Just Like Chicken

I made another egg-holder in construction class today. Search egg-holders on Etsy, and you’ll find a gorgeous array, generally priced about $20. Talk about something from nothing. Crafting a $20 egg-holder from a piece of scrap lumber makes Joseph and his little overcoat seem positively extravagant.

Seriously, can you think of a better return on investment than turning a scrap of lumber into a $20 decorative kitchen accessory? It’s so easy it’s practically criminal. 

That’s what you’re thinking, isn’t it? I’m pretty sure that’s what my family was thinking when I brought home my second hand-crafted egg-holding device in as many days.

But if you think transforming a piece of nondescript Southern Yellow Pine into an artisanal egg carton is easy, think again.

First, you must confront the tablesaw. Rip the board on the long sides to get nice crisp edges, but be careful not to let that vicious red coxcomb slice your fingers off.

Now, do you think you’d like slanted sides? Who doesn’t love an A-line? But slanted edges require a couple more trips across the saw, this time with an angled blade, which feels rather like tempting fate.

Now it’s time for measuring. A 1 3/8-inch Forstner bit makes a hole just the right size to cradle the butt of an egg, and a half-inch between holes gives the shells a gracious berth. That means you want to drill the holes 1 7/8 inches on center.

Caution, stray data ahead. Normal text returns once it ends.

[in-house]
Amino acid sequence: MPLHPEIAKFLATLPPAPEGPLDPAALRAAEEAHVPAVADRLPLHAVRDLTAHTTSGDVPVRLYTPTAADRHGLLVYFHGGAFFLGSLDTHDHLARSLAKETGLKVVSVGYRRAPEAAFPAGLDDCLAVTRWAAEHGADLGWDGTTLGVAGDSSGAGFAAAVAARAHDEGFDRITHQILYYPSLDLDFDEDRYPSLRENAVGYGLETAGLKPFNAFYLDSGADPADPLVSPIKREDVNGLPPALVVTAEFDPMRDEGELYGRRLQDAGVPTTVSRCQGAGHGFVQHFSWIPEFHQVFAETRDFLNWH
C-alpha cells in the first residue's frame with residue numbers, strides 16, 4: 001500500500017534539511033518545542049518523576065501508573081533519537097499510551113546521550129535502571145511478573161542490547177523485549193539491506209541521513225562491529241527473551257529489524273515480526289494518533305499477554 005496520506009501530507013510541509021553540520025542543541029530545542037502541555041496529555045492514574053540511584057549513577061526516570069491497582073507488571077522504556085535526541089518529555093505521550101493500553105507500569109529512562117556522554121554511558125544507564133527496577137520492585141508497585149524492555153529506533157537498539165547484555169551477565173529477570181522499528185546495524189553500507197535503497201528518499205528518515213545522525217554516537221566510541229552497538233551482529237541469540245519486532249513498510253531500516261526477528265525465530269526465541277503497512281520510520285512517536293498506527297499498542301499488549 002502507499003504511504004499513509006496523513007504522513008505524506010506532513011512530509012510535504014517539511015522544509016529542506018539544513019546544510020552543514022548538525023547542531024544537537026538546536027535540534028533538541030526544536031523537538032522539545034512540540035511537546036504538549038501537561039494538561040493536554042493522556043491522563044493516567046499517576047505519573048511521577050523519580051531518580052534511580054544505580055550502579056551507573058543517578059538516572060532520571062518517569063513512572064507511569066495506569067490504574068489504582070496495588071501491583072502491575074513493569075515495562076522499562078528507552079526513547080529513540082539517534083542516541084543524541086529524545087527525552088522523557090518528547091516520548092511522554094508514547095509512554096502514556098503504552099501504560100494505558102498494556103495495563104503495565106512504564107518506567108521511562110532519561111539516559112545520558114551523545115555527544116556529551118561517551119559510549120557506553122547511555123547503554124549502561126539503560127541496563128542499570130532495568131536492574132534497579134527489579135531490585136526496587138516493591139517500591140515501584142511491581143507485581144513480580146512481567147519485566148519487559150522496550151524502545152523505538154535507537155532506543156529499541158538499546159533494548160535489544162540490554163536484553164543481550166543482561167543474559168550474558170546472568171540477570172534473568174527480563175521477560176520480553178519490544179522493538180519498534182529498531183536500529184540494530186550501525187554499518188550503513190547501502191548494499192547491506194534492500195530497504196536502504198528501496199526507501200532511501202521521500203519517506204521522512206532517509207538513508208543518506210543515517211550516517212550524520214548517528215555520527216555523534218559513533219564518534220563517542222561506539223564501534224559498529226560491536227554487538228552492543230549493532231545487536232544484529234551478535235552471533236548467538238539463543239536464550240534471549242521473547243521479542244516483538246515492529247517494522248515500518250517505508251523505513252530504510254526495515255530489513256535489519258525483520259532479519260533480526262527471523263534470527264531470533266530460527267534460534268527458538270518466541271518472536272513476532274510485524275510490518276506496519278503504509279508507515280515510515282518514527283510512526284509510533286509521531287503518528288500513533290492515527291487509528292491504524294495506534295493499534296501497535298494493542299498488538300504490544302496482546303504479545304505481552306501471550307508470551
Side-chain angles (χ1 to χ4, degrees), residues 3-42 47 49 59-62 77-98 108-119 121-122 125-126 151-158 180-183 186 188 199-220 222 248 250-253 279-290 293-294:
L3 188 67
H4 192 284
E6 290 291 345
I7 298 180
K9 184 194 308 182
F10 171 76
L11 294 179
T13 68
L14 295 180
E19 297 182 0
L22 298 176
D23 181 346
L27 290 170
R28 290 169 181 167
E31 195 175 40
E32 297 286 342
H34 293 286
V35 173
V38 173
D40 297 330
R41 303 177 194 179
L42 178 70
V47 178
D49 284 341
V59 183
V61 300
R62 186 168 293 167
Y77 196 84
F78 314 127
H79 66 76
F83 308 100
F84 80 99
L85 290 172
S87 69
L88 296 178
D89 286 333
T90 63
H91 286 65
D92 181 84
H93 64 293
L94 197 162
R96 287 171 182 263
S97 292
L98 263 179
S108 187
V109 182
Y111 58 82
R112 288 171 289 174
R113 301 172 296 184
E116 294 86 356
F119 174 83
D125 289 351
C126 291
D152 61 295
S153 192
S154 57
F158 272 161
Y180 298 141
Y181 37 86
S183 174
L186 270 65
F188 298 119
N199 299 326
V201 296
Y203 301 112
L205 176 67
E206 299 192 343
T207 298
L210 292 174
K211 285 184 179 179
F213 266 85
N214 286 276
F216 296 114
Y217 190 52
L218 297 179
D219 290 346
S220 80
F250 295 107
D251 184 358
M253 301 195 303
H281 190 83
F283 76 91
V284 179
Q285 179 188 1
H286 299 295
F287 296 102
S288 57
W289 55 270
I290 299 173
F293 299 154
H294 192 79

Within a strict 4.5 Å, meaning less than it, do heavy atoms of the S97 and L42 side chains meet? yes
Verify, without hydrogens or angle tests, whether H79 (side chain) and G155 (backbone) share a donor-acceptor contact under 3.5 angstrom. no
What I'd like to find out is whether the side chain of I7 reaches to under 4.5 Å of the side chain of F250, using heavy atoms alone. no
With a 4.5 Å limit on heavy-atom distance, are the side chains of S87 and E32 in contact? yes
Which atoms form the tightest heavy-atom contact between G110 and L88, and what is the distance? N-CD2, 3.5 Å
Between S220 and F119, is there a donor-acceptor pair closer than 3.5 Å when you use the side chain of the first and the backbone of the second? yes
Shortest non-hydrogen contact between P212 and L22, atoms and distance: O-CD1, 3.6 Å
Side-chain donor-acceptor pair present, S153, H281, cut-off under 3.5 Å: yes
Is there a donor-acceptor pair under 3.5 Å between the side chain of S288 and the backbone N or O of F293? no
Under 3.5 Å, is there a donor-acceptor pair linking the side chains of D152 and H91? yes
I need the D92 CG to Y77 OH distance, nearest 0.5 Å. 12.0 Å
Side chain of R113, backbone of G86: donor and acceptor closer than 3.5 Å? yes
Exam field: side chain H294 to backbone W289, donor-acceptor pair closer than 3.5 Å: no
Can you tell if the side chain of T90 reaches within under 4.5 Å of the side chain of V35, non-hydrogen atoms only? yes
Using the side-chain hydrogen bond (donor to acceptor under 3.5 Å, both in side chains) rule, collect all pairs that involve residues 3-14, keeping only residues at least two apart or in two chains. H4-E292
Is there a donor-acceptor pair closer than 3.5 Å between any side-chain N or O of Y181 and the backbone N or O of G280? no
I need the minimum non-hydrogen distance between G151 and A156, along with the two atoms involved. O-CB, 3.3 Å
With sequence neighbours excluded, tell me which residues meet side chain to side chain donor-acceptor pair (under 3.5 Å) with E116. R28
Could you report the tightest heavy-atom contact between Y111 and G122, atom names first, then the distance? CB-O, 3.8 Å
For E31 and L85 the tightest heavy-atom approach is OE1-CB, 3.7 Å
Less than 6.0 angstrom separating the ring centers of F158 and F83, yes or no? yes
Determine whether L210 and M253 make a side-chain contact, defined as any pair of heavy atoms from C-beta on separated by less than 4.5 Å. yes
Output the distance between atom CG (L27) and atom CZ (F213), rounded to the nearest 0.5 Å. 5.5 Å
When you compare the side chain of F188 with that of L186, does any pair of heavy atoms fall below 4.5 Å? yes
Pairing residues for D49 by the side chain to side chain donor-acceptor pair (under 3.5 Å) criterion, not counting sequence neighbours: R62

Be sure to leave enough room at the ends of the board so you can make angled cuts to match the slanted sides. You might want to go to the miter saw for that.
Now you’re ready to router and sand. Then finish with butcher block oil.

Voilà. You have a beautiful wooden egg holder to showcase the beautiful eggs from your backyard chickens. (Keep in mind, this is not an ideal device for inventorying store-bought eggs, because those need to be refrigerated, while fresh eggs do not.)

By now, with a shoulder sprained from drilling and nerves numbed from palm-sanding, you might calculate that you’ve put hundreds of dollars worth of labor into something you could have bought for $20 on Etsy.

Then again, you are the kind of person who raises backyard hens, which means you’re prepared to invest time and money into the food and shelter of birds whose eggs would break even at about $7 a piece. You decided long ago it’s best not to do that kind of math.

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